The glycemic index of black beans depends on how they are prepared. If you soak and boil black beans, the average glycemic index is 20.
1. What is the glycemic index (GI)?
The glycemic index (GI) is a value used to measure how much specific foods increase blood sugar levels.
Foods are classified as low, medium, or high glycemic foods and ranked on a scale of 0–100.
The lower the GI of a specific food, the less it may affect your blood sugar levels. Here are the three GI ratings:
Low: 55 or less
High: 70 or above
Foods high in refined carbs and sugar are digested more quickly and often have a high GI, while foods high in protein, fat, or fiber typically have a low GI. Foods that contain no carbs are not assigned a GI and include meat, fish, poultry, nuts, seeds, herbs, spices, and oils.
Several factors influence the glycemic index of a food, including its nutrient composition, cooking method, ripeness, and the amount of processing it has undergone.
The glycemic index can not only help increase your awareness of what you’re putting on your plate but also enhance weight loss, decrease your blood sugar levels, and reduce your cholesterol.
Keep in mind that the glycemic index is different from the glycemic load (GL).
Unlike the GI, which doesn’t take into account the amount of food eaten, the GL factors in the number of carbs in a serving of a food to determine how it may affect blood sugar levels.
For this reason, it’s important to take both the glycemic index and glycemic load into consideration when selecting foods to help support healthy blood sugar levels.
2. Glycemic index of black beans
Where a carbohydrate food falls on the glycemic index indicates how much it will raise your blood sugar. This is particularly important if you have diabetes, as your body’s ability to manage the amount of sugar in your blood is impaired. Although carbohydrate counting is a more effective way to plan meals and manage your glucose levels, the glycemic index can help you fine-tune your carb intake, reports the American Diabetes Association.
If a food has a low GI – less than 55 — it will affect your blood sugar less than a medium or high food will.
Black beans are rich in carbohydrates and they are also and excellent source of fiber (both soluble and insoluble). Black beans also do not contain sugar. Instead, they have slowly-digested carbohydrates and resistant starch.
This means that the carbohydrates in black beans are slowly converted to glucose, and some are not digested at all.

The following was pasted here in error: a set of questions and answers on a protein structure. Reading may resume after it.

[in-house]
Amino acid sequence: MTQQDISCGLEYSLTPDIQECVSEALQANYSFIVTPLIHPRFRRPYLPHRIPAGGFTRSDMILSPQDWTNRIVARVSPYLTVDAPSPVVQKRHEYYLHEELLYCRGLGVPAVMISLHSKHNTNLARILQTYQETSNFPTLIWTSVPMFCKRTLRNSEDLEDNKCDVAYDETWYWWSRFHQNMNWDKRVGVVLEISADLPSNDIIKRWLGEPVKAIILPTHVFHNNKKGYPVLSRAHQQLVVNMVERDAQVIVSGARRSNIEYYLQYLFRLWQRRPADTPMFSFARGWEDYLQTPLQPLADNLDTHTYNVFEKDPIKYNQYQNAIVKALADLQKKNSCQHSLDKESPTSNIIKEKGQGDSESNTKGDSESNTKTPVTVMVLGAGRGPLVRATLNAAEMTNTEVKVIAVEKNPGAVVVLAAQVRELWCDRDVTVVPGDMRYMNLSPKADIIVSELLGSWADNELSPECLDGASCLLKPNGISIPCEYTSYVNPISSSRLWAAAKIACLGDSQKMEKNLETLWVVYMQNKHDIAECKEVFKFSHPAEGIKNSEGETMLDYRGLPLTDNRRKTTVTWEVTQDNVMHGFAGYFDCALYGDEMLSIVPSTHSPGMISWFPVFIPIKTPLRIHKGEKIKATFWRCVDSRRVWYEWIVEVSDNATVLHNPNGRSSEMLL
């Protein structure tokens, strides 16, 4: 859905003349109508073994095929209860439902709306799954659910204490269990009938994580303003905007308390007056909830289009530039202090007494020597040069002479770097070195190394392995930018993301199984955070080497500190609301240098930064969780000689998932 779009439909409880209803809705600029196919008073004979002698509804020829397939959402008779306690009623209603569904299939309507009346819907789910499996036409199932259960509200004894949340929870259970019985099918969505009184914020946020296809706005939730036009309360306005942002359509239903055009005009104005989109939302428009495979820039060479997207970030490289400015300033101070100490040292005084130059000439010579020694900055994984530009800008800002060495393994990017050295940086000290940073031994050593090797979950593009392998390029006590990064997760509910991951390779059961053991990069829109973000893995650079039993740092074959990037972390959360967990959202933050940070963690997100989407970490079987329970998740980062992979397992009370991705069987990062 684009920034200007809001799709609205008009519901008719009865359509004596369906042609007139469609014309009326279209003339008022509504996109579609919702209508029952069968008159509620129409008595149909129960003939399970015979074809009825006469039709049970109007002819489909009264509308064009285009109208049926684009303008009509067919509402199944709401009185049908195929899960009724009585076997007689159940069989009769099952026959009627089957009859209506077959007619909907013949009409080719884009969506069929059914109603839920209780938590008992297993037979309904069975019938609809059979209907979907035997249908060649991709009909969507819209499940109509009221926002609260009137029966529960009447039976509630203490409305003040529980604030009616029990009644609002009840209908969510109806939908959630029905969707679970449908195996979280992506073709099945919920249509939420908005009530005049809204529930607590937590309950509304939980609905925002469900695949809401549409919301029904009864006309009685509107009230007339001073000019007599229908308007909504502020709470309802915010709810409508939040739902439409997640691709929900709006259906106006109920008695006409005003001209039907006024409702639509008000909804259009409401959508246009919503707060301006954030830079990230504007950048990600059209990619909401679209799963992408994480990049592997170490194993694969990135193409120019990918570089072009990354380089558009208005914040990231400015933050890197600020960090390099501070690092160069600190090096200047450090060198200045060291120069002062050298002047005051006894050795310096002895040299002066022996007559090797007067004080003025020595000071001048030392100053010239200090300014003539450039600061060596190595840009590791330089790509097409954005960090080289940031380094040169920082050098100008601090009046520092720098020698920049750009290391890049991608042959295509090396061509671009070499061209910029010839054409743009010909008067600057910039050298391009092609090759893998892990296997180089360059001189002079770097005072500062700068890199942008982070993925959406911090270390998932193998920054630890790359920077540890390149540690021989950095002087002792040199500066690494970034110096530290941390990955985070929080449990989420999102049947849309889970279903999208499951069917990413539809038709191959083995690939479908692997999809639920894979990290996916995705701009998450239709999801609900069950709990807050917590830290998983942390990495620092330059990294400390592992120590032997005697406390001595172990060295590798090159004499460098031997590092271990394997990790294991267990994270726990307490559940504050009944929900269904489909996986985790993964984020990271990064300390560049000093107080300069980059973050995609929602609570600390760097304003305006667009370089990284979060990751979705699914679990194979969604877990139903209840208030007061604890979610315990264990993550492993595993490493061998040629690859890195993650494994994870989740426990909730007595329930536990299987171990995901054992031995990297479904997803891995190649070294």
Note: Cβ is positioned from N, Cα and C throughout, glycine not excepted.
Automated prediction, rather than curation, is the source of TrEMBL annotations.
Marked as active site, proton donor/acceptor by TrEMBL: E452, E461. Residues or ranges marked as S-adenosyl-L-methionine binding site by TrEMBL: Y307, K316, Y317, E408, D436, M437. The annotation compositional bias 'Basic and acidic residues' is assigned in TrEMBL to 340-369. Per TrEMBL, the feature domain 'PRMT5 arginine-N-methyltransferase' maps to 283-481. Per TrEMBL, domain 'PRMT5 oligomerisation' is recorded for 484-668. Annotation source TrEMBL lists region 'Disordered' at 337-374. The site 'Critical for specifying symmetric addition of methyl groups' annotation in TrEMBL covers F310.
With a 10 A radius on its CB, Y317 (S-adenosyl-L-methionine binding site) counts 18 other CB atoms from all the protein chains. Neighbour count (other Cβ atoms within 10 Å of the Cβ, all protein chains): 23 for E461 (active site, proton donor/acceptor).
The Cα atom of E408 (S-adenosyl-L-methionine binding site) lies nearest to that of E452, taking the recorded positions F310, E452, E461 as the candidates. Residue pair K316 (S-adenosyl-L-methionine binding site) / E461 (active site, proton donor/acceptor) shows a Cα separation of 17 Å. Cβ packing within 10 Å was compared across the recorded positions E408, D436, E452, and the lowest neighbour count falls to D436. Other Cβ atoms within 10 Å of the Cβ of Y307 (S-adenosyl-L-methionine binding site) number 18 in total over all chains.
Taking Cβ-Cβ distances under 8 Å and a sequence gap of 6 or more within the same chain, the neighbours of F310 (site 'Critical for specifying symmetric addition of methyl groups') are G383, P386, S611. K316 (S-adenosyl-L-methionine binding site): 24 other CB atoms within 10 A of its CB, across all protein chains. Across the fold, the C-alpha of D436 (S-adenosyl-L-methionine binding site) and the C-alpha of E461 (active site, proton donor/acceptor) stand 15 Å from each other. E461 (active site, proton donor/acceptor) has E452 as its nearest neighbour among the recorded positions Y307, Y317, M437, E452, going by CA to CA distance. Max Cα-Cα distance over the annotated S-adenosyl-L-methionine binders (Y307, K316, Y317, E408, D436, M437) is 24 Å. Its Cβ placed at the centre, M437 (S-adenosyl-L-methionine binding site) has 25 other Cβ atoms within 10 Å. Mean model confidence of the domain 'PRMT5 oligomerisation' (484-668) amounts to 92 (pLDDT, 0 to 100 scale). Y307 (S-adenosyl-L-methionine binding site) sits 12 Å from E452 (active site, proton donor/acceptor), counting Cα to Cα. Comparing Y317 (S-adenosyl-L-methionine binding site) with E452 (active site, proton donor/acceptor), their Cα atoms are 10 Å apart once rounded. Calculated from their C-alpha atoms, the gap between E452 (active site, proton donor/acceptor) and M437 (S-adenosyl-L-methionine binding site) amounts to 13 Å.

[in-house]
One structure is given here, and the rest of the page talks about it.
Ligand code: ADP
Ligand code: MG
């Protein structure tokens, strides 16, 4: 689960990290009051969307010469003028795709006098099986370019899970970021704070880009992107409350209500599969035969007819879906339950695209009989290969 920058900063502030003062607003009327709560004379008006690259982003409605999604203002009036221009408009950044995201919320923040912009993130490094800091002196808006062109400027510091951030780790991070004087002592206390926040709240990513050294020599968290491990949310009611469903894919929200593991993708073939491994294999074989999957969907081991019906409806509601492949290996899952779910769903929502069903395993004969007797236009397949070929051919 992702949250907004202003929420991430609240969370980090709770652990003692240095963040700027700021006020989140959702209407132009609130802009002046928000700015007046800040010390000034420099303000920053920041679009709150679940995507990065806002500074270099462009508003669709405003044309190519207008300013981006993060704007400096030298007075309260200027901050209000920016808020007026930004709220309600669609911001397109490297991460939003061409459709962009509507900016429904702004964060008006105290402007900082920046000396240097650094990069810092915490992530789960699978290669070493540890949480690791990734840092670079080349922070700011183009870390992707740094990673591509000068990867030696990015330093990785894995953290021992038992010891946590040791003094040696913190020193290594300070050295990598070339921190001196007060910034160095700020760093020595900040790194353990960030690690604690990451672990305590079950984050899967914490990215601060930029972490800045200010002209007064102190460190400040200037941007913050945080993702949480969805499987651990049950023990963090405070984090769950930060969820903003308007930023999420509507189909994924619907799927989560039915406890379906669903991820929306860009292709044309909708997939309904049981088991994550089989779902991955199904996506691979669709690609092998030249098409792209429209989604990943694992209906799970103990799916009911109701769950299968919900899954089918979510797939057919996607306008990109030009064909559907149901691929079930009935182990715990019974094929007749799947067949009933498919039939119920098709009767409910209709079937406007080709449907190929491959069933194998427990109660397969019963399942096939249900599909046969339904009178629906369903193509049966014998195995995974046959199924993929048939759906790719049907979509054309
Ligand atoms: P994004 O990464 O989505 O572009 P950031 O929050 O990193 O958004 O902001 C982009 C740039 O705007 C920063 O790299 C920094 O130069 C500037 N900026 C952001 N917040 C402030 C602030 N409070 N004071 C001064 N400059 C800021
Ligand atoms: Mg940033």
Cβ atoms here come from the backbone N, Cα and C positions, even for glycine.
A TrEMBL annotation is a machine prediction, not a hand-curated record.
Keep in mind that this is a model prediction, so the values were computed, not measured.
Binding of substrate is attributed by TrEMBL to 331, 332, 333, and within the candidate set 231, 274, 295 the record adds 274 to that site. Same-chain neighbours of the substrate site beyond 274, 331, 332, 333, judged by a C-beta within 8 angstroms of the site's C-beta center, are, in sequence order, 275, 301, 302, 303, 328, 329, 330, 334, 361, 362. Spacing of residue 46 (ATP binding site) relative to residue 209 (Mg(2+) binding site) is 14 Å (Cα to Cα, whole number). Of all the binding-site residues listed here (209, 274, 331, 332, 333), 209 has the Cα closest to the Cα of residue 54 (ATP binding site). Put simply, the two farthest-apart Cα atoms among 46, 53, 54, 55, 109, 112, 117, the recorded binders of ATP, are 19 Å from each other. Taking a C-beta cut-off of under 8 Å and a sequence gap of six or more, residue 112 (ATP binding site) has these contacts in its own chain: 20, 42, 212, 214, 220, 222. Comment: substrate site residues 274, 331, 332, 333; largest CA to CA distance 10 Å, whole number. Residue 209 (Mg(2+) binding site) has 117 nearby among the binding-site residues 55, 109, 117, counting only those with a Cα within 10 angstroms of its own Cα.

The glycemic index of a food is an indicator of how much the food may affect your blood glucose level. The glycemic index of black beans depends on how they are prepared. If you soak and boil black beans, the average glycemic index is 20, which is moderately low. If you cook them with a pressure cooker or use canned beans, the glycemic index is approximately 30, which is also moderately low.
The glycemic load (GL) takes into account both the glycemic index and the serving size. A serving of 1/2 cup cooked black beans has a glycemic load of 7, which is considered low.
3. Health benefits of black beans
Blood Sugar Regulation
Unlike many other foods that are high in carbohydrates, black beans don’t cause a spike in blood sugar. Studies have actually found the opposite. When people eat black beans with rice, their blood sugar levels tend to be lower than if they only ate rice. For people with diabetes, adding beans to a healthy diet can improve blood sugar control while reducing heart disease risk.
Lowering Blood Pressure
Maintaining a low sodium intake is essential to keeping blood pressure in the normal range. The sodium content in natural black beans is quite low, and at the same time contains a number of other minerals: contains potassium, calcium and magnesium, all of which are effective in reducing blood pressure for people with blood pressure. high. Make sure to buy canned foods that are low in sodium and still drain and rinse to further reduce the sodium content.
The mineral element selenium is low or absent in most fruits and vegetables but can be found in black beans. Black beans play a role in the function of liver enzymes and help detoxify certain cancer-causing compounds in the body. In addition, selenium also has the ability to prevent inflammation and reduce the rate of tumor growth. Saponins are known for their ability to prevent cancer cells from multiplying and spreading throughout the body. Getting fiber from fresh fruits and vegetables or like black beans has been linked to a reduced risk of colorectal cancer. In addition, black beans contain a fairly rich content of folate, which plays a role in DNA synthesis and repair, thus preventing the formation of cancer cells caused by DNA mutations.
Read more: Black beans nutrition facts and health benefits that you need know